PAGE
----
A recent study has found that practicing yoga may improve exercise capacity and pulmonary function in patients with chronic obstructive pulmonary disease (COPD).1

Published in Clinical Rehabilitation, investigators from institutions in Germany and Australia found that breathing techniques commonly utilized in yoga may be an effective adjunct intervention for individuals with COPD.1

This new research supports an earlier study, published in the Journal of Thoracic Disease, that also found yoga helpful for improving pulmonary function for patients with COPD.2

In the new meta-analysis, 11 randomized controlled trials with a combined 586 patients were studied. This study’s evidence revealed potentially beneficial effects of yoga for patients with COPD versus no treatment. Patients in the study were examined for quality of life utilizing the COPD Assessment Test, exercise capacity assessed by the 6-minute walk test, and pulmonary function. Only the effects on exercise capacity and pulmonary function were robust against methodological bias, according to investigators. 1

In this study, yoga-associated effects were only present in breathing-focused interventions, and not with postures. Infrequent adverse events were reported in the study. 1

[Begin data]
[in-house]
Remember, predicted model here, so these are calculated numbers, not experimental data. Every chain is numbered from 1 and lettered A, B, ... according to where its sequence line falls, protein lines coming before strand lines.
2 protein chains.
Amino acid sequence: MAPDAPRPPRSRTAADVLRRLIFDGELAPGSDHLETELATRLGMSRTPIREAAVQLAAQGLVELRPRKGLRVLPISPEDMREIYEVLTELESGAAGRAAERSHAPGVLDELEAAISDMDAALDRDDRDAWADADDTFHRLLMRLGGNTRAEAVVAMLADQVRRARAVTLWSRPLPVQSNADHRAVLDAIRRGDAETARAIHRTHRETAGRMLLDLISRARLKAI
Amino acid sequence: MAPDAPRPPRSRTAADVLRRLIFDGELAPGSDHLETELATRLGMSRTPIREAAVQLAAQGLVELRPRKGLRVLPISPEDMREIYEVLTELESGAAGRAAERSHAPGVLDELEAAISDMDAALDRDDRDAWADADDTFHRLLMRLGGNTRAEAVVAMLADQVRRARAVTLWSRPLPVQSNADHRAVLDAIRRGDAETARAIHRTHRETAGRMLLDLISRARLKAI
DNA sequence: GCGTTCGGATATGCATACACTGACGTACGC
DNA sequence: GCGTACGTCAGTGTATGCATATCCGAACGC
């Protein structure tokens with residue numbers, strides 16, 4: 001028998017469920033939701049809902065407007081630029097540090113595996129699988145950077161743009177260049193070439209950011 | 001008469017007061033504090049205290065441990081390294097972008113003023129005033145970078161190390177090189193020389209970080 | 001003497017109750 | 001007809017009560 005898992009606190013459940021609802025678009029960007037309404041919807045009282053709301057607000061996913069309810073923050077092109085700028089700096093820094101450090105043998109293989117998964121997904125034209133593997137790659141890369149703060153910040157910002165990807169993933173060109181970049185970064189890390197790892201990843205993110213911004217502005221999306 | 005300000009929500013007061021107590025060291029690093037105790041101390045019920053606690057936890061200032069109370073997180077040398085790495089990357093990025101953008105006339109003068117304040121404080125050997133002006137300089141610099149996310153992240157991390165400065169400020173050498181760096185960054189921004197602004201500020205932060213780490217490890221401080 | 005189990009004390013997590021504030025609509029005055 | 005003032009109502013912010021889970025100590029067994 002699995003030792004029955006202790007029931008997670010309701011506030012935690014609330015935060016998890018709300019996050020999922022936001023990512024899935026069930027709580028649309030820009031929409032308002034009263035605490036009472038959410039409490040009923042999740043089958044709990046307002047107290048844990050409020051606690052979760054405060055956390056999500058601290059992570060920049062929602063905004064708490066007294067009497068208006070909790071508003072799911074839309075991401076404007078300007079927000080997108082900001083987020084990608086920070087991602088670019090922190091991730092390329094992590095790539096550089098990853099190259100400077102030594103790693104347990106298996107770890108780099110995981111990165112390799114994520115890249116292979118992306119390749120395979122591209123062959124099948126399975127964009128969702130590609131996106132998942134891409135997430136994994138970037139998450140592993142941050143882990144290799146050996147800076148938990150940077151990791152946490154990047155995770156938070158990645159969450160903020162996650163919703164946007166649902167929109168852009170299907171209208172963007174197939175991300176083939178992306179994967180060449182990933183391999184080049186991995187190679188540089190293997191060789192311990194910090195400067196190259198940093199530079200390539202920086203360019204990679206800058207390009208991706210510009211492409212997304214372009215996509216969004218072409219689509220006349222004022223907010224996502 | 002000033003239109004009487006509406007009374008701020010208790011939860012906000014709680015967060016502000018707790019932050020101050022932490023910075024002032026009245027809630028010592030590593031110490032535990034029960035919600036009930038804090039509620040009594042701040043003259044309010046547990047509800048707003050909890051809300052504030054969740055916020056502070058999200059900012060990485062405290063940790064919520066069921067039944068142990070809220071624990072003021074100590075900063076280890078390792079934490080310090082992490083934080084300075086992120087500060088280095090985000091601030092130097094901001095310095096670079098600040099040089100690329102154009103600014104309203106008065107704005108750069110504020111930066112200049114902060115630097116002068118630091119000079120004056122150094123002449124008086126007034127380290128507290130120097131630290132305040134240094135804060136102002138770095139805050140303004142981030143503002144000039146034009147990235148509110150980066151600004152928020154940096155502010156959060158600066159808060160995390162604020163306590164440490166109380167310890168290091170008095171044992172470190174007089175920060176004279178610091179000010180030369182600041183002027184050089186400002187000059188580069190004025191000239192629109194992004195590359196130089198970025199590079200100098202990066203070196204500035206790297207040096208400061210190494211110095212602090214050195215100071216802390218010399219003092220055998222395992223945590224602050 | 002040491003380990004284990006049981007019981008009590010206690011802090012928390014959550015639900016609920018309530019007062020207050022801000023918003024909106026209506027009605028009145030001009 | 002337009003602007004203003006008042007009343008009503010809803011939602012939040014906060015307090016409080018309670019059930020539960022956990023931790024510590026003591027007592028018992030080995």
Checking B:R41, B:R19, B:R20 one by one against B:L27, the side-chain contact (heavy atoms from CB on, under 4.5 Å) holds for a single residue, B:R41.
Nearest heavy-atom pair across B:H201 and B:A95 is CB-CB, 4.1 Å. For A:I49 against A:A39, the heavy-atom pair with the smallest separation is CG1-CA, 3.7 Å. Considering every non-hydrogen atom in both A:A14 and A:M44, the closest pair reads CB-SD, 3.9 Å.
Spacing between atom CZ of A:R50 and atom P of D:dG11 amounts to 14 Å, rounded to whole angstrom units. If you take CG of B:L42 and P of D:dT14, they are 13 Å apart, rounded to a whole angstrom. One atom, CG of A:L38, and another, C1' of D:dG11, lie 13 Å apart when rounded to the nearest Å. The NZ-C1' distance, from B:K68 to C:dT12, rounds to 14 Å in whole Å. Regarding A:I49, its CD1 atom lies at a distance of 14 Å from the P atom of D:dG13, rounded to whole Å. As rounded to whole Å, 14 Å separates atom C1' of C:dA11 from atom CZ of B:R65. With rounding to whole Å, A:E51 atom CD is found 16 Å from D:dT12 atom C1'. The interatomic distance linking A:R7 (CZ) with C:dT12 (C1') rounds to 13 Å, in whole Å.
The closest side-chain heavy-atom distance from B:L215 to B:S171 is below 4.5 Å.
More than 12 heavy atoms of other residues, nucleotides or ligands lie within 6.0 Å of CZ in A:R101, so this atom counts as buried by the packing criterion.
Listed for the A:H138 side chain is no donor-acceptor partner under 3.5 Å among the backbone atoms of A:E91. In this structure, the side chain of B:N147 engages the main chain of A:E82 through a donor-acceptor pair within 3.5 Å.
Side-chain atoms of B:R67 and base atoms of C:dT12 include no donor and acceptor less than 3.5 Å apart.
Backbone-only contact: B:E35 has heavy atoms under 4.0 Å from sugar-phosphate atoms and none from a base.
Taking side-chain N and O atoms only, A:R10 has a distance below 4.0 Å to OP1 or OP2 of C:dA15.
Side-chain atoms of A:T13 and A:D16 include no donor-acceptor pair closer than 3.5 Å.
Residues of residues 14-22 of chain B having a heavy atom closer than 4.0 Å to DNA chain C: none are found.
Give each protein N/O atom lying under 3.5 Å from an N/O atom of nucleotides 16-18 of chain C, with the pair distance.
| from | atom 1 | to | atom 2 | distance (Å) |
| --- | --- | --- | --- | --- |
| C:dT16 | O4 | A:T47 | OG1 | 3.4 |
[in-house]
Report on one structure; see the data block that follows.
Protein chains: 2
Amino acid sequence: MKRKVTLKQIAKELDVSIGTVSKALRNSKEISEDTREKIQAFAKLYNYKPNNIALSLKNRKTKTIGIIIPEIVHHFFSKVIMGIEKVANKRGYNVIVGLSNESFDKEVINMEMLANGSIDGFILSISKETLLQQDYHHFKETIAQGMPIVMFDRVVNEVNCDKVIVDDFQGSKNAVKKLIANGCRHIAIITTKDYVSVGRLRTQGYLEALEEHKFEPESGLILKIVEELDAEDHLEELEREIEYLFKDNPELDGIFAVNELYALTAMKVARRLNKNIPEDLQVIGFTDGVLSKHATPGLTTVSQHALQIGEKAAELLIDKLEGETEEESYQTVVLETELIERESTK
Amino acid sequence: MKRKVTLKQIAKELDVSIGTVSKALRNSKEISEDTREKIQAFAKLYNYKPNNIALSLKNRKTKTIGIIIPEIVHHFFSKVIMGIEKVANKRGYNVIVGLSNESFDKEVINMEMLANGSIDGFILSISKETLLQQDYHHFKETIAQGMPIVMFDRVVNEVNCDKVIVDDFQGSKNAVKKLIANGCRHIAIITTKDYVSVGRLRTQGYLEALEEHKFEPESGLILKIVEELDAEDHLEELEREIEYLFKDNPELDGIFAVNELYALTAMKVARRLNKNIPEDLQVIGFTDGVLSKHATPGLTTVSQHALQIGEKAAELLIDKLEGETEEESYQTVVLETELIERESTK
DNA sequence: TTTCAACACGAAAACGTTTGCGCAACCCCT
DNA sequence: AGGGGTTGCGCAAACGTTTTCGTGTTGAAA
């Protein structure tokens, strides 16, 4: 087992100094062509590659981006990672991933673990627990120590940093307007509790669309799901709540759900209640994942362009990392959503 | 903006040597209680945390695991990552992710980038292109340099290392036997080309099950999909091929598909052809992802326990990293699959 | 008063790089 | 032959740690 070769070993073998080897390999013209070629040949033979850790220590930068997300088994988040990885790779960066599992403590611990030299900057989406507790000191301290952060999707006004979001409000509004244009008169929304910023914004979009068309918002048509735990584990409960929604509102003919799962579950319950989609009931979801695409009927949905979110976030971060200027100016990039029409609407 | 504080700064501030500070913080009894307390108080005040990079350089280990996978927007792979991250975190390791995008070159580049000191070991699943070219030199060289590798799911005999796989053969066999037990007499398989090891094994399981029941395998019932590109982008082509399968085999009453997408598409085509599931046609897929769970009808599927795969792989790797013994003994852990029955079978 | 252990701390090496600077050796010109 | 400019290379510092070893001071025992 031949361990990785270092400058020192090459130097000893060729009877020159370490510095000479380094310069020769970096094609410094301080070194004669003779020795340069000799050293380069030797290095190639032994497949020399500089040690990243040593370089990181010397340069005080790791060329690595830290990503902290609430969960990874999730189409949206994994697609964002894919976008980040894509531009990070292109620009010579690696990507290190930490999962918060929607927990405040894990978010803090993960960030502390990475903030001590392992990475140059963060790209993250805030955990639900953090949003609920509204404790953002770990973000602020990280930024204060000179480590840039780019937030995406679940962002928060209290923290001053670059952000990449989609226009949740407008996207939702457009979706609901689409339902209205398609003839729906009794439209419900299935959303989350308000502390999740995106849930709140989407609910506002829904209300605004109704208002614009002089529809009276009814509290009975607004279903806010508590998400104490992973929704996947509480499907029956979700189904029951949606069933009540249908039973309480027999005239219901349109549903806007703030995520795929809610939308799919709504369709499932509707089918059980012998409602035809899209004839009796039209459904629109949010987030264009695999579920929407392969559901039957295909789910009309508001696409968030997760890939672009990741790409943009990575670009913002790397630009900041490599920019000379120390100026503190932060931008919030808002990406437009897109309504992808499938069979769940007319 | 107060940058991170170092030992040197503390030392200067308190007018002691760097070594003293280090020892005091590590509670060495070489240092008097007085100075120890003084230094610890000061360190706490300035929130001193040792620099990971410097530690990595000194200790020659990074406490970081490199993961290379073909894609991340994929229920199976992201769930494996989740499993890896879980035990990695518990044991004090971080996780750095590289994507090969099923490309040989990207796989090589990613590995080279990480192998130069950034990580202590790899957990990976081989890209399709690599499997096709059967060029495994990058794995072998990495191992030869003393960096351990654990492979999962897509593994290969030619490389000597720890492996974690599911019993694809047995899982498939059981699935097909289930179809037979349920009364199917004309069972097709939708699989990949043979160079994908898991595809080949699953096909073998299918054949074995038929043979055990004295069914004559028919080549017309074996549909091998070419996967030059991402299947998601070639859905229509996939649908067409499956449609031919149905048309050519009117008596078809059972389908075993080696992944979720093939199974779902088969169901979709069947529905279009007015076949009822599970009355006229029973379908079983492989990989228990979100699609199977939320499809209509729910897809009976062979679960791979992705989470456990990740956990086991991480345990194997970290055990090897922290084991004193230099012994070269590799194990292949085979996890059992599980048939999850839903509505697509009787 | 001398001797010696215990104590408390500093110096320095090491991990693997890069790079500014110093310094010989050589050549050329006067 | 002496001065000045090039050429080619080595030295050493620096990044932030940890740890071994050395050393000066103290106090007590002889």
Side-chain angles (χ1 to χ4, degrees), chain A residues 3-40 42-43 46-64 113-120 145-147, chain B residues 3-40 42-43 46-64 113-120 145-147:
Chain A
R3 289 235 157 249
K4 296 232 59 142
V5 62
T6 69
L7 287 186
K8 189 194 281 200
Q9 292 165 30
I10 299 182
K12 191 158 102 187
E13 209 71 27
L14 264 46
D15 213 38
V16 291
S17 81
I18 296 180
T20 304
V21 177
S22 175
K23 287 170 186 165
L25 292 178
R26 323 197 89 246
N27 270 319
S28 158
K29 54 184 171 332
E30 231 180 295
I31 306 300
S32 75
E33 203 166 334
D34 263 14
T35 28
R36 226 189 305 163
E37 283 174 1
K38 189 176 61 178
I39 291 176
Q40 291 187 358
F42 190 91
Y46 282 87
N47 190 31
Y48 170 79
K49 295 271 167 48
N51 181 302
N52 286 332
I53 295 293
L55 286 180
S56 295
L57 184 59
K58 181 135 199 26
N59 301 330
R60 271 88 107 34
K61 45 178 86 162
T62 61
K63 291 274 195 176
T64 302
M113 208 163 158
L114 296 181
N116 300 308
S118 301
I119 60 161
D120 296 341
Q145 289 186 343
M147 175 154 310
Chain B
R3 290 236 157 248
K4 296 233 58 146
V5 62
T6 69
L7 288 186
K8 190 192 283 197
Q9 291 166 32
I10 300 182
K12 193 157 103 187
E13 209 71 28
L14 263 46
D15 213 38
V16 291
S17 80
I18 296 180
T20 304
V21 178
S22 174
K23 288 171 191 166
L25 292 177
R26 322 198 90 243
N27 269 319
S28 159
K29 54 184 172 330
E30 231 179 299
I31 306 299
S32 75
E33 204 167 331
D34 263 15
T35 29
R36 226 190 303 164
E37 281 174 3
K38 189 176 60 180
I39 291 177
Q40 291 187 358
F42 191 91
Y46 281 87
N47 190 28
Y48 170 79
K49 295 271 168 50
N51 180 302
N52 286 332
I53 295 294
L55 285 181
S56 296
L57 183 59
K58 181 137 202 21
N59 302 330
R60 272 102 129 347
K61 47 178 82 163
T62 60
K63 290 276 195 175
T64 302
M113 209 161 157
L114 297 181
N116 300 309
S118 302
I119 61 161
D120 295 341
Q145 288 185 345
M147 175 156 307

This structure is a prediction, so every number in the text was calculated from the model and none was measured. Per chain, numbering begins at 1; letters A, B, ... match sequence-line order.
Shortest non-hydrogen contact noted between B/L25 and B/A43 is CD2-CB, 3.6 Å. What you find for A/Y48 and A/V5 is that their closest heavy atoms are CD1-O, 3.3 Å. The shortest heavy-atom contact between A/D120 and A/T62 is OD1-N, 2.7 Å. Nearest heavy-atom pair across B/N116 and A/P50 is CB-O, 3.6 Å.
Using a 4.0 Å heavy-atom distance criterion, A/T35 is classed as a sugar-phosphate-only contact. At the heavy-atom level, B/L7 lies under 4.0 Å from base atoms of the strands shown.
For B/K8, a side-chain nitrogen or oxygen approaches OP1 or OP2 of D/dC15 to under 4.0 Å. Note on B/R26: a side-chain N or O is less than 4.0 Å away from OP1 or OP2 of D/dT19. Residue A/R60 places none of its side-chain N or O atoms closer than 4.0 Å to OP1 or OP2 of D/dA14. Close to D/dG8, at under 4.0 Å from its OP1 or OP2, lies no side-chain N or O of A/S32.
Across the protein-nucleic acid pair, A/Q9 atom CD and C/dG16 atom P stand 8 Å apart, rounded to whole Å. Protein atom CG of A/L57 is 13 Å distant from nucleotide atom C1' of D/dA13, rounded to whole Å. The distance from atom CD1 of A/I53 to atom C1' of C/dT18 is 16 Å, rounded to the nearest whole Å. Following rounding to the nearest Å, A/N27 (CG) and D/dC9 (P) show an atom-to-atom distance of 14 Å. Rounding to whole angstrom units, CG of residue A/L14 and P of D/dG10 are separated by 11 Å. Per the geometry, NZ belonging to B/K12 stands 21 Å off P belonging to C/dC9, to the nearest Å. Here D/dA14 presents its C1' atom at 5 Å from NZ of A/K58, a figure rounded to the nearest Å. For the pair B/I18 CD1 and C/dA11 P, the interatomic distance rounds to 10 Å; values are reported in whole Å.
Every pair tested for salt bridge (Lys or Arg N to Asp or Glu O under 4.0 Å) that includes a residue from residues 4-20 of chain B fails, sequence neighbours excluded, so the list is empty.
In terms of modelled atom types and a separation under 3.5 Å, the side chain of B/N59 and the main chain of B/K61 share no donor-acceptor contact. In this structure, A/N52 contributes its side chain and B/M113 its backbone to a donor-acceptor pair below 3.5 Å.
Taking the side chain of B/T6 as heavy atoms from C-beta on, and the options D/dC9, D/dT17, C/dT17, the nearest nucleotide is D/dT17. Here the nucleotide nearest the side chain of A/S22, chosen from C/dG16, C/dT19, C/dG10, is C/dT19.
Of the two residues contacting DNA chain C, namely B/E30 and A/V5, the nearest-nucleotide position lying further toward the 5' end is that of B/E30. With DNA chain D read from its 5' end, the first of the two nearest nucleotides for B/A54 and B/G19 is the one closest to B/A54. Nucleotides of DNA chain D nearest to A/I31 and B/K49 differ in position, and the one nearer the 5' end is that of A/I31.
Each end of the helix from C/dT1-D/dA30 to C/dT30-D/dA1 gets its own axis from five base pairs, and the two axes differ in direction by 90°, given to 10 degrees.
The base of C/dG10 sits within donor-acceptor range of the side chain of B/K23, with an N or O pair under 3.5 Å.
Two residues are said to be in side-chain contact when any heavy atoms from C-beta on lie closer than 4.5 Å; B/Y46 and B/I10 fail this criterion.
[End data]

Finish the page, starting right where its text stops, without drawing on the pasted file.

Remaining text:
In the earlier study, published in 2014, results were based on 5 randomized trials involving 233 patients in China. 2

Both studies indicated additional research is needed to better determine the potential effects of yoga on breathing and exercise in patients with COPD. 1,2


References
  1. Cramer H, Haller H, Klose P, Ward L, Chung VCH, Lauche R. The risks and benefits of yoga for patients with chronic obstructive pulmonary disease: a systematic review and meta-analysis [published online July 29, 2019]. Clin Rehabil. doi:10.1177/0269215519860551 Accessed August 28, 2019.
  2. Liu XC, Pan L, Hu Q, Dong WP, Yan JH, Dong L. Effects of yoga training in patients with chronic obstructive pulmonary disease: a systematic review and meta-analysis. J Thorac Dis. 2014; 6(4). http://jtd.amegroups.com/article/view/2672/3227. Accessed August 28, 2019.